One of the best-preserved examples of medieval Arab military architecture in the Middle East is the 12th-century Ajlun Castle. Built between 1184 and 1188 by one of Saladin’s generals, it was an important strategic link in the defensive chain against the Crusaders. Explore the fortress before driving to the dramatically located ancient city, Umm Qais, perched on a high plain overlooking the Jordan Valley and the Sea of Galilee. The site of the ancient Greco-Roman city of Gadara, it was a member of the Decapolis. Pella was also one of ten Decapolis cities that were founded during the Hellenistic period and became powerful under Roman jurisdiction. Excavations have revealed evidence of 6000 years of continuous settlement from the Stone Age to medieval Islamic times. We will see mud-brick houses and defense walls dating from the Bronze and Iron age, and later remains from the Roman, Byzantine, and early Islamic periods. (B/L/D)
Transfer to the airport for our return flight home. (B)
Price is based on double occupancy and includes:
Trip prices are based on a minimum number of participants. If this minimum number is not met, trip prices are subject to change. Should the prices need to change, Far Horizons will reach out to registered guests to discuss directly.
Should a roommate be requested and one not be available, the single supplement must be charged.
As a tour company that benefits from the cultural and natural riches of our destinations, we have a policy of donating to the scientific and cultural sites and projects which we visit. This has created a bond between Far Horizons and the academic and local communities that has helped us establish an extensive list of lecturers and contacts in each of our destinations. We ask that each participant donate to the noteworthy project we designate. The donation amount is $150.00 per person. Note that the donation is required as part of your registration for the trip and that it is non-refundable.
Prices are based on currency exchange rates keeping below a projected level. While it is unlikely, if the exchange rates should change substantially, Far Horizons reserves the right to charge an additional amount to the trip cost.
A deposit of $1000 per person is required along with your registration & health forms, which will be linked in the email confirmation you receive once you pay your deposit on our booking platform. Final payment is due 120 days before departure. Prior to departure, you will be sent a reading list and a tour bulletin containing travel information.
Cancellations received in writing at least 120 days before departure will receive a refund less a $500 per person administrative fee. Cancellations received less than 120 days before the departure date will not receive a refund. If for any reason you are unable to complete the trip, Far Horizons will not reimburse any fees. Upon registering for the tour, the purchase of travel protection with both trip cancellation and emergency evacuation is strongly advised. Links to recommended insurance policies will be included in the email you receive confirming receipt of your deposit.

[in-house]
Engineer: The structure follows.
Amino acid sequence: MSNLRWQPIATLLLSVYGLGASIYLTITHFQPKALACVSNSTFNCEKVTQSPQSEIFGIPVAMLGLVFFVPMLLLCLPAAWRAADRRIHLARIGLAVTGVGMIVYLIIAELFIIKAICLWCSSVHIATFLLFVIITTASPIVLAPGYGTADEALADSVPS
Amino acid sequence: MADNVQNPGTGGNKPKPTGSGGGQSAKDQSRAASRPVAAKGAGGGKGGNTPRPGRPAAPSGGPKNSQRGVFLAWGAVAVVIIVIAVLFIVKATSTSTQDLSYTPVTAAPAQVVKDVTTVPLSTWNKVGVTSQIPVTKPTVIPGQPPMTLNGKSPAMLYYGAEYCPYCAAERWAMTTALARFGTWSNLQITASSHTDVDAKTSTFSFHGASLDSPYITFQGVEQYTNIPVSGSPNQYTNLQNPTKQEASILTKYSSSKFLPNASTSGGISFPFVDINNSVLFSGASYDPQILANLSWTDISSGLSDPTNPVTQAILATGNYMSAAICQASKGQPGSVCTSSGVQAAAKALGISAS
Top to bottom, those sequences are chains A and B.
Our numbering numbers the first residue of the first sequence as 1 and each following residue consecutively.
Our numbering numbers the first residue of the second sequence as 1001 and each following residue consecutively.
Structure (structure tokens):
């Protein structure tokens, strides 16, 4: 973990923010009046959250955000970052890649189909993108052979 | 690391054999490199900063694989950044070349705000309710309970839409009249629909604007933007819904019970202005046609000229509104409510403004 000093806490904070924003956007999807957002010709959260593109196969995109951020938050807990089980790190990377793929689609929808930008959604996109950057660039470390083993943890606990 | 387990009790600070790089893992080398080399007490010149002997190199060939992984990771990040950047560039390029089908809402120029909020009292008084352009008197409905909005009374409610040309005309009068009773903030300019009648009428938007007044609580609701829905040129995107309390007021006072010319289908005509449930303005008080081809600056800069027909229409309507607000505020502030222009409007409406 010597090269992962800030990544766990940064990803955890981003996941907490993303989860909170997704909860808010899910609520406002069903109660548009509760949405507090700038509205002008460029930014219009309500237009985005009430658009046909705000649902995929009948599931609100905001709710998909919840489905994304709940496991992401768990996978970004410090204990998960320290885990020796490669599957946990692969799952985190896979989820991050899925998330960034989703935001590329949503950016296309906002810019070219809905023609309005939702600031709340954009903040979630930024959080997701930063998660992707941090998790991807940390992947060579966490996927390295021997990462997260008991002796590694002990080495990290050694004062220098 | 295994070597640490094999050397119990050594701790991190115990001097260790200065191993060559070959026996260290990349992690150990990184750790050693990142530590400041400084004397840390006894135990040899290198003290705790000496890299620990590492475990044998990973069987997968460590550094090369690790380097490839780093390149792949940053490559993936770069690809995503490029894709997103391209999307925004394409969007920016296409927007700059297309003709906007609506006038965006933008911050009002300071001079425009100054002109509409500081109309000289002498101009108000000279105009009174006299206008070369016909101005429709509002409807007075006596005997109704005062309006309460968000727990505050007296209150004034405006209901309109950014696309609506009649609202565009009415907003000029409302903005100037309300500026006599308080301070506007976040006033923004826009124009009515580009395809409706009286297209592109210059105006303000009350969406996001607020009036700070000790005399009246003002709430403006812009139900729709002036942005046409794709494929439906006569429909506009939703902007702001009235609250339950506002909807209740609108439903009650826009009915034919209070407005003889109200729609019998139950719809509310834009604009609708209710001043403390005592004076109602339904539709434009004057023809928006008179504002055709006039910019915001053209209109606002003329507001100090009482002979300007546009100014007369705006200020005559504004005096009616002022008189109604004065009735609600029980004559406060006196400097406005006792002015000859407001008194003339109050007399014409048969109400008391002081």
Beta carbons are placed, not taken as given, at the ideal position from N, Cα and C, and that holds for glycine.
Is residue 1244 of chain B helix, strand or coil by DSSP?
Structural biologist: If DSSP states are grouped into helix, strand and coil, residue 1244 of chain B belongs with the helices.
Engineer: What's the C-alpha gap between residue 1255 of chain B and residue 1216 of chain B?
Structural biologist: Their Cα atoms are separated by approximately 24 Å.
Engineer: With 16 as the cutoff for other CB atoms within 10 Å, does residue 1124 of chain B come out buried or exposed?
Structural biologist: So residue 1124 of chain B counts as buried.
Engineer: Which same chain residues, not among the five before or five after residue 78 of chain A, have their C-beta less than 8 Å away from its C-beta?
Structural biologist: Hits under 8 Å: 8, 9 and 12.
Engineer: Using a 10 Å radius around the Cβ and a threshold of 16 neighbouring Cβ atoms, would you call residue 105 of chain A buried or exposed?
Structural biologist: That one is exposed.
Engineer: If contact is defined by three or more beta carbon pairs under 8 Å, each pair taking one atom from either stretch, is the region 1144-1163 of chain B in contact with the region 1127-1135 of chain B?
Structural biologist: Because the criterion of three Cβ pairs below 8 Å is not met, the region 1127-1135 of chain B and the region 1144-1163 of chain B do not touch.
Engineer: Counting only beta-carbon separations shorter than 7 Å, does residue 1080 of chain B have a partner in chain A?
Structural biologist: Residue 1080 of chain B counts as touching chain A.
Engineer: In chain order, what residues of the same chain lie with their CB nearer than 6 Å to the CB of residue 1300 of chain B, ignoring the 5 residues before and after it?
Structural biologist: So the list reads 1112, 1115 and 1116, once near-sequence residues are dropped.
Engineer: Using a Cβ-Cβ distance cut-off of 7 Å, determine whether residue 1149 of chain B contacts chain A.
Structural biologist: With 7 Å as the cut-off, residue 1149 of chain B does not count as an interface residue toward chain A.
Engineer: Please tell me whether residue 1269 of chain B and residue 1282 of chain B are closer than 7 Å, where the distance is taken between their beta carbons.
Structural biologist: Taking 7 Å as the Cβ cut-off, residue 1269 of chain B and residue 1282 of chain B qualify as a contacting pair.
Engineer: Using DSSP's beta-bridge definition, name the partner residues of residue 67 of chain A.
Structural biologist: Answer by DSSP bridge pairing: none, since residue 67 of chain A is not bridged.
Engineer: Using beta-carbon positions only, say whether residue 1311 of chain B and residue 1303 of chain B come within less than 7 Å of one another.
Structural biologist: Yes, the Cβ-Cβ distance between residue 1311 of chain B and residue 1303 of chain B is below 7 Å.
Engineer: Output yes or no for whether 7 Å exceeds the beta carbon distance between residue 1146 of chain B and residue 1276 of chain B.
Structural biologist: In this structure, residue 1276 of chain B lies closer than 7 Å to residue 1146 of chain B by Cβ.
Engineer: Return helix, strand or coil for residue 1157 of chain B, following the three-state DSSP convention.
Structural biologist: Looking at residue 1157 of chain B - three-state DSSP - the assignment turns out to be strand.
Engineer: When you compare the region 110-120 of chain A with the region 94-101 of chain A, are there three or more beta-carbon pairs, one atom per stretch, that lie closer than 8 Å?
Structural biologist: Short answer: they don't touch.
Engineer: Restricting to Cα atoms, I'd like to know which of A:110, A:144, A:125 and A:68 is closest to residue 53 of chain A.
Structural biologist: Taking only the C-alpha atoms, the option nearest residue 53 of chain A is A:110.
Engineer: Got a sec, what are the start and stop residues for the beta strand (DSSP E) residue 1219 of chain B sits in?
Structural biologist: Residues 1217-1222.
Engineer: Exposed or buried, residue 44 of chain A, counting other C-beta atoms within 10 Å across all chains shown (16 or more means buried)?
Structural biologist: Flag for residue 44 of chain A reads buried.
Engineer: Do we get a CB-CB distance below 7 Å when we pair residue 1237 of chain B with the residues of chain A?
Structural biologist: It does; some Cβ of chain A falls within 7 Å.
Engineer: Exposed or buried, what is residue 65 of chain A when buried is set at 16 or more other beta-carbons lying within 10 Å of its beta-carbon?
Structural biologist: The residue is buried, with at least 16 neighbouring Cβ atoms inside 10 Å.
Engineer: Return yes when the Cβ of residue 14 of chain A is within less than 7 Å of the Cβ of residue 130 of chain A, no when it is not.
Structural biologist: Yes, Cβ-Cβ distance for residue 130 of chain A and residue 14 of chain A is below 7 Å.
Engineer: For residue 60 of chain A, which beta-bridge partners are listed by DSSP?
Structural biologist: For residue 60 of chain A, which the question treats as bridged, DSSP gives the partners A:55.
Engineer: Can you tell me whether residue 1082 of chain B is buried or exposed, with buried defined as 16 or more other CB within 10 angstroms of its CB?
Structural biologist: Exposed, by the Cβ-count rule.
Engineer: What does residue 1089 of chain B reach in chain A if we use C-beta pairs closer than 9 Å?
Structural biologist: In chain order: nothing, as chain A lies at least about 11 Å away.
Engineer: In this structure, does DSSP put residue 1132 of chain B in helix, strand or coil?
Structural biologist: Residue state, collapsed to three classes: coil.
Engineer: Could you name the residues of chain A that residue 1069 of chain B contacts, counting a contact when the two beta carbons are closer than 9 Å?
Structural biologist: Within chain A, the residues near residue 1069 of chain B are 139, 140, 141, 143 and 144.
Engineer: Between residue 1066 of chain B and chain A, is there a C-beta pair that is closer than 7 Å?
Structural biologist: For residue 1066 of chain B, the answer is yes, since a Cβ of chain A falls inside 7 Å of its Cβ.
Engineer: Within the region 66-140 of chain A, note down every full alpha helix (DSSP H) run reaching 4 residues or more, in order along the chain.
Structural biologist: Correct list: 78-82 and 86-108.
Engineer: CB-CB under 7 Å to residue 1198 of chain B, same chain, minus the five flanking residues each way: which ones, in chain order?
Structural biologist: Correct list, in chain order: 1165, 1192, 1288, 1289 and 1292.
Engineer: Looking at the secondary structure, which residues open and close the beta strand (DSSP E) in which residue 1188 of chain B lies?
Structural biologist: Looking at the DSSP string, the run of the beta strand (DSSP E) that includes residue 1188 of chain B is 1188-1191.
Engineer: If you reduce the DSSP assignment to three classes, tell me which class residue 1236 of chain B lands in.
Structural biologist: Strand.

International round trip flights are not included in the cost of the trip. If Far Horizons must change the trip dates or cancel the trip for any reason, Far Horizons is not responsible for any air ticket you may have purchased. Please send your complete air schedule as soon as you have it. NOTE: Please contact Far Horizons if you would like for us to handle your air ticketing.
The private tours of archaeological sites and talks by specialists are scheduled in advance and include a donation to each. Specialists working at these sites are excited about showing their work to interested enthusiasts. However, please be aware that there may be times when the director or a member of the staff may not be on site when our groups arrive due to other commitments.
Far Horizons expects all participants to be physically active and able to walk and climb independently throughout the full touring days. This includes walking over uneven terrain (uphill and downhill) for a mile or more at each site. You should expect to be on your feet for much of each day, averaging 3-4 miles of walking. As such, each participant should be able to walk unaided at a pace of 3 miles per hour for at least half an hour at a time, and to stand unsupported for at least 30 minutes. Bearing this in mind, we suggest that, if you have not already done so, you begin walking for a mile or two every day. We feel that this preparation will increase your enjoyment of the trip. If you have questions about your ability to keep up with the group or the strenuous nature of this trip, please contact the Far Horizons staff.
This tour is designed for flexible, energetic people who like to be active, have a spirit of adventure and a positive attitude. We have designed this trip to be as comfortable as possible, while also aiming to visit some remote or unique sites that other companies do not attempt to include in their itineraries. There may be days where we have very long drives and the conditions of the roads may vary. Hotels and transportation in some remote areas may not be up to western standards. There may be times when no bellhops are available; please pack with the understanding that you need to be able to handle your own luggage at times. At times we may be walking over uneven trails for a mile or more; hiking boots are strongly recommended. Not every meal will not be haute cuisine and several lunches may be picnics or box lunches. By maintaining a flexible attitude we will soon be captivated by the beauty of the natural scenery, the hospitality of the local people, and the fascinating sites we will see. Your flexibility and patience will be appreciated.
Changes in our itinerary, accommodations, and transportation schedules may occur. While we are committed to keeping as close to the published details as possible, sometimes it is simply not possible. Weather events, government affairs, or other factors out of our control sometimes come into play. A good book to read as well as patience, flexible attitude, and a sense of humor are essential.